A health worker administers the polio vaccine to a baby beside temporary tent accommodation. Photo courtesy of WHO.
Four-year-old Pooja lives with her family in a jhuggi – a makeshift shanty made of corrugated iron – on a construction site on the outskirts of Kolkata, where her father has been working for the past few months. The settlement is crowded with temporary workers and their families living in sheds and slum dwellings in and around the buildings that are under construction. They don’t have access to toilets or safe drinking water. Pooja’s father’s work is precarious. Once the construction at this site is completed, he and his family will pack up their few possessions and move on, setting up home wherever he can find work.
“Children of migrant workers often miss out on routine and supplementary immunization,” says Dr. Nata Menabde, the World Health Organization (WHO) representative to India. “They are less well vaccinated compared to children living permanently in one place, so they dilute population immunity when they move into high-risk areas.”
Population, or “herd” immunity, occurs when a sufficient proportion of the population is immune to a particular infectious disease. In the case of polio, immunity is provided by vaccination.
As India moved towards eliminating polio, cases of the disease continued to be detected among migrant communities in otherwise polio-free states. Genetic sequencing of the virus showed that migrant populations were sustaining the transmission and transmitting the poliovirus into these areas, thus threatening eradication efforts.
With support from WHO India’s National Polio Surveillance Project, the Government of India launched a strategy to improve reach to these migrant populations.
The first challenge was to track the people that needed to be reached. WHO India worked closely with the health authorities to develop a plan to locate migrant populations and incorporate them into immunization plans.
Each primary health center was made responsible for identification and mapping of migratory/mobile settlements in its area. Doctors enlisted the help of auxiliary nurse midwives, community health workers, social health activists and polio vaccinators to walk through their areas to identify and map pockets of migratory populations and estimate the number of households. This information was then used to plan targeted polio vaccination campaigns.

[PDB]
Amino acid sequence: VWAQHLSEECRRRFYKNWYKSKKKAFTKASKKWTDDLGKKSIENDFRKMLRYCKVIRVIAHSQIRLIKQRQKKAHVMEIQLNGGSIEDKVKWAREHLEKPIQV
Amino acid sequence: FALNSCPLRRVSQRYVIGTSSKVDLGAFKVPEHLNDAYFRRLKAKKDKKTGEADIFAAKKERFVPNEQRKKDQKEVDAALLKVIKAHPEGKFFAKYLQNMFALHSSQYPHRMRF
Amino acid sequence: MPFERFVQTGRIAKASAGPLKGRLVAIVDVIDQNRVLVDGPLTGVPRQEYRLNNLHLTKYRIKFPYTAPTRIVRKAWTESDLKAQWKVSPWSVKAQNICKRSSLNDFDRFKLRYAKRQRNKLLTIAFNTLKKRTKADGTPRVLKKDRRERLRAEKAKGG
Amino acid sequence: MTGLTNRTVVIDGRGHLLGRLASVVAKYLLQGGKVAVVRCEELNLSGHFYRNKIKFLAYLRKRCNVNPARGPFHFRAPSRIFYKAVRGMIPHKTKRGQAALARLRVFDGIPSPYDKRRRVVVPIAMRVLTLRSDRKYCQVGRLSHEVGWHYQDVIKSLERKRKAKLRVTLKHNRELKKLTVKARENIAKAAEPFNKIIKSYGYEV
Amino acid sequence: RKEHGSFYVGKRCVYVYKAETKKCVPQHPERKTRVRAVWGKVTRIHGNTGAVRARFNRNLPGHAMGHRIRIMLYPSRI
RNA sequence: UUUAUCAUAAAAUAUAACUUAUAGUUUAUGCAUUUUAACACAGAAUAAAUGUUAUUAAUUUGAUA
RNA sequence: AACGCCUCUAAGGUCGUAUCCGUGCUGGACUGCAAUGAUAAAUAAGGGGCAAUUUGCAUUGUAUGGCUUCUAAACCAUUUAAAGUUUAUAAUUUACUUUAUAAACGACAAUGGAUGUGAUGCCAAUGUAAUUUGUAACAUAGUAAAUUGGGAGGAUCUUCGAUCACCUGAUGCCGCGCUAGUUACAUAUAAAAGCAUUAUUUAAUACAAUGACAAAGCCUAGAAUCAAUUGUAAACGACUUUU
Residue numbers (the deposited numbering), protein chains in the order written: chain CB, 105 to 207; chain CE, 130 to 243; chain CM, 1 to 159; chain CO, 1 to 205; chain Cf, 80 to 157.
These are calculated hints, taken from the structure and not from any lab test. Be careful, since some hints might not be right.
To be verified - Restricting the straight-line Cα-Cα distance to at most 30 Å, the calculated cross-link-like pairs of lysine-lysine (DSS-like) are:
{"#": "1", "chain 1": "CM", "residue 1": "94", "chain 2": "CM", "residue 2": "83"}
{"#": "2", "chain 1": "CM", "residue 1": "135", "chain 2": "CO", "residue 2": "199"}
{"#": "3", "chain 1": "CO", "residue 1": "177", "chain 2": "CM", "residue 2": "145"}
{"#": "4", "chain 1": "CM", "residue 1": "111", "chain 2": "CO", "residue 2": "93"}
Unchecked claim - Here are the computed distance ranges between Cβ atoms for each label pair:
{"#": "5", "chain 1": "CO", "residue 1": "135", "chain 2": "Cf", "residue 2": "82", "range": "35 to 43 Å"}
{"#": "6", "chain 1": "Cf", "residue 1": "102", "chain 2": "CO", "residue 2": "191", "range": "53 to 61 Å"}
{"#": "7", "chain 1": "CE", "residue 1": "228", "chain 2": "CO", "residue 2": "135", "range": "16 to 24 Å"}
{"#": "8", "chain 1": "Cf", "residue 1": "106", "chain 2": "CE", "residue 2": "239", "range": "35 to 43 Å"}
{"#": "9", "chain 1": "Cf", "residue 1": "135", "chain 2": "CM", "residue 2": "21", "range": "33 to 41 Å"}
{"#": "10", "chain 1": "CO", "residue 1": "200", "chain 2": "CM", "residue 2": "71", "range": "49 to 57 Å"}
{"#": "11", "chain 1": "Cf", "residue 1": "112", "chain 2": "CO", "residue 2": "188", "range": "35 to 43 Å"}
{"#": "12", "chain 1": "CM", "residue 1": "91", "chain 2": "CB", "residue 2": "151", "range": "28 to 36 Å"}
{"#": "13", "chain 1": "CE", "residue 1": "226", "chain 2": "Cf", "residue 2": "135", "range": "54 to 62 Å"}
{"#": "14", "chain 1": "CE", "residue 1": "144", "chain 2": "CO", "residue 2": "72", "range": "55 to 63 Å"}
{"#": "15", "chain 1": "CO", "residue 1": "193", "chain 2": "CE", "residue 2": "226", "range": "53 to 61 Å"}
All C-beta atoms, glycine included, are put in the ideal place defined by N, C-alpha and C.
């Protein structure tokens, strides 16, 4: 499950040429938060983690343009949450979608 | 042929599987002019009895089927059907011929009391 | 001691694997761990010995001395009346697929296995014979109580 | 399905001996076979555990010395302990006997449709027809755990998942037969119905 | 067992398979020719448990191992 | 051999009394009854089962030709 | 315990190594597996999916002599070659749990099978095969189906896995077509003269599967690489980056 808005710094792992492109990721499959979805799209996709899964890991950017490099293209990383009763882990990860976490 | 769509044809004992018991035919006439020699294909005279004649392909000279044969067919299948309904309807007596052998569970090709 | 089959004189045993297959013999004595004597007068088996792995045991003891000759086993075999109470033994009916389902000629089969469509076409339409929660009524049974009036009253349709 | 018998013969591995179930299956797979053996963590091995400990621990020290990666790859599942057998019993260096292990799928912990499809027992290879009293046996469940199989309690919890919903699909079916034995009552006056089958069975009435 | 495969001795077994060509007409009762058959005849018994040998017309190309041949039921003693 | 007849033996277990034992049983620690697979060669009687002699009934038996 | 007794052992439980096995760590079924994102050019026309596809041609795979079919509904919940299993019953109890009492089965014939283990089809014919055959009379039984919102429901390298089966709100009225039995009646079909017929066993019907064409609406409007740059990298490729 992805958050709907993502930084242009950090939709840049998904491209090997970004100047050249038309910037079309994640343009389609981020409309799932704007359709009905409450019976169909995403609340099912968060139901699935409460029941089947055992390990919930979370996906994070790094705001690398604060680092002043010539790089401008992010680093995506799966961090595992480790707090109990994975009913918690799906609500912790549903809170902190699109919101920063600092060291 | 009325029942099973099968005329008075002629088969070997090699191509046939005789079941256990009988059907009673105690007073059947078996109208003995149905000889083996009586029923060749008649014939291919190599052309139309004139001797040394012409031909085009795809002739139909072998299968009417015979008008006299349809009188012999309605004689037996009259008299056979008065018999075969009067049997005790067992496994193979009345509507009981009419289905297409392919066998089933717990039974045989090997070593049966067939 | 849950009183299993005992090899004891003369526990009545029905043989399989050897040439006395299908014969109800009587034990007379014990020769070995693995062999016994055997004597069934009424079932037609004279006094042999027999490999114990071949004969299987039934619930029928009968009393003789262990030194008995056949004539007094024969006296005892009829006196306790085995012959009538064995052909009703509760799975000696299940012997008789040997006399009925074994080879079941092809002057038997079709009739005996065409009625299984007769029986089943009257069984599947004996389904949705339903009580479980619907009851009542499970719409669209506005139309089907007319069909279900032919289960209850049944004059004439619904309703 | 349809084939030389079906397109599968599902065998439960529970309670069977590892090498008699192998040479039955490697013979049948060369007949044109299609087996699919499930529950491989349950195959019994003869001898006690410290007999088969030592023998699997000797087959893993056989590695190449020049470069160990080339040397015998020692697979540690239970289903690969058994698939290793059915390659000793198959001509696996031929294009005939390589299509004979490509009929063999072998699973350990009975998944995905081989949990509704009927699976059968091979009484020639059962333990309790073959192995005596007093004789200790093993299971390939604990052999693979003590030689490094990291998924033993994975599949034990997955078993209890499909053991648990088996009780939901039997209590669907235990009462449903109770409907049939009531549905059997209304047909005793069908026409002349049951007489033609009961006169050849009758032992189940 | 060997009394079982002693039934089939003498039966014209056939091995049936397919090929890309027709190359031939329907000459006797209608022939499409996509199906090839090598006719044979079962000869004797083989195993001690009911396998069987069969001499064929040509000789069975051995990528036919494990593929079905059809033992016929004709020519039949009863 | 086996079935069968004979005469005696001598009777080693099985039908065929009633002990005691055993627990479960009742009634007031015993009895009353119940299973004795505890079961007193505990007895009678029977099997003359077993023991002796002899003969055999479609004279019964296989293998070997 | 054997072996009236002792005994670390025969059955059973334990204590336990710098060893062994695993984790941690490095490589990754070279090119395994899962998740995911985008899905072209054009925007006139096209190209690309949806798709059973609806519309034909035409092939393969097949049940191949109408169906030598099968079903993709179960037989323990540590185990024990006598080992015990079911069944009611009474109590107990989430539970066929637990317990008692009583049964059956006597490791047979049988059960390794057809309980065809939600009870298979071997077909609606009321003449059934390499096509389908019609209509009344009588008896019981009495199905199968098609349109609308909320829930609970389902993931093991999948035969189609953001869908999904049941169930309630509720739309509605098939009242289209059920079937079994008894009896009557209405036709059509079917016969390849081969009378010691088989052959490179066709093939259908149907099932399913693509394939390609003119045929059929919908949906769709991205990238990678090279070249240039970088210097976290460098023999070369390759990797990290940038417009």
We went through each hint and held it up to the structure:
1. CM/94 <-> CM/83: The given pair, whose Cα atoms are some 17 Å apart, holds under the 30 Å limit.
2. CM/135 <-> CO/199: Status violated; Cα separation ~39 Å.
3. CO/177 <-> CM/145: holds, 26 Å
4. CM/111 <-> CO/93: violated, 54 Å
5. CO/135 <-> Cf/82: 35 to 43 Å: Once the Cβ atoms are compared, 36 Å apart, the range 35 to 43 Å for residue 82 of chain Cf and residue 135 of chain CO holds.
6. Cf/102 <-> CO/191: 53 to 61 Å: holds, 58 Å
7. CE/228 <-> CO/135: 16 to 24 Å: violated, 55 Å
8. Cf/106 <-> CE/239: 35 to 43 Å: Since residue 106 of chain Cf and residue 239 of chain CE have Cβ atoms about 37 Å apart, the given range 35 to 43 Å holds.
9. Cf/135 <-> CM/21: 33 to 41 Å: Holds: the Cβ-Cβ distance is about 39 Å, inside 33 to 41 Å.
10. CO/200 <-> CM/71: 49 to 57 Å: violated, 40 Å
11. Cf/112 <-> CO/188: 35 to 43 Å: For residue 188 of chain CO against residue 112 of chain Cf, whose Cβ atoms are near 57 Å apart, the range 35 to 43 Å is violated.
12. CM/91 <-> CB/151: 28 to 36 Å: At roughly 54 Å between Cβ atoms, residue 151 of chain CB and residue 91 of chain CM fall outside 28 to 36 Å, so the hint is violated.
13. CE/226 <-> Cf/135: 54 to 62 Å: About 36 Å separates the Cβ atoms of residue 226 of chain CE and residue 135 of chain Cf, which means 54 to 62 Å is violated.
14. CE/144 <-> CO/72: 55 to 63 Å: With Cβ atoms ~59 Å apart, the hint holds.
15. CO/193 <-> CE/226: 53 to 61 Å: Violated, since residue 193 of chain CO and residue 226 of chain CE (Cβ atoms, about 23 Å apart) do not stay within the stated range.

The strategy identified more than 400 000 high-risk settlements, including urban slums and migrant settlements at construction sites and around brick kilns, as well as other nomadic sites such as migratory fishing villages.
“These are some of India’s most underserved, marginalized people,” says Dr. Sachin Rewaria, training focal person at WHO Country Office for India. “Their living conditions put them at risk of many health problems, yet they are not on the radar for any health services. Some of the children had never received any vaccinations in their lives.”
The intensive mapping formed the basis for targeted polio vaccination campaigns over the next few years. Teams of vaccinators were deployed to visit 125 to 150 households per day in these settlements. Since children often accompany their parents to work, the vaccinators had to make early morning or evening visits to the settlements, when children were most likely to be around.
“Now that India is polio-free, we are using the learnings from polio to ensure that these children receive routine immunization as well,” says Dr. Rakesh Kumar, joint secretary of the Ministry of Health and Family Welfare, government of India.
In 2013, the government held four special immunization weeks across the country, which aimed to provide routine immunizations to identified migrant communities.
Routine immunization plans now include these high-risk sites and outreach routine immunization sessions are organized frequently because there is such a high turnover of families.
“The legacy of the polio eradication campaign is that India now has the know-how and operational skill to reach every child with essential health interventions, no matter how marginalized and remote they are,” says Menabde.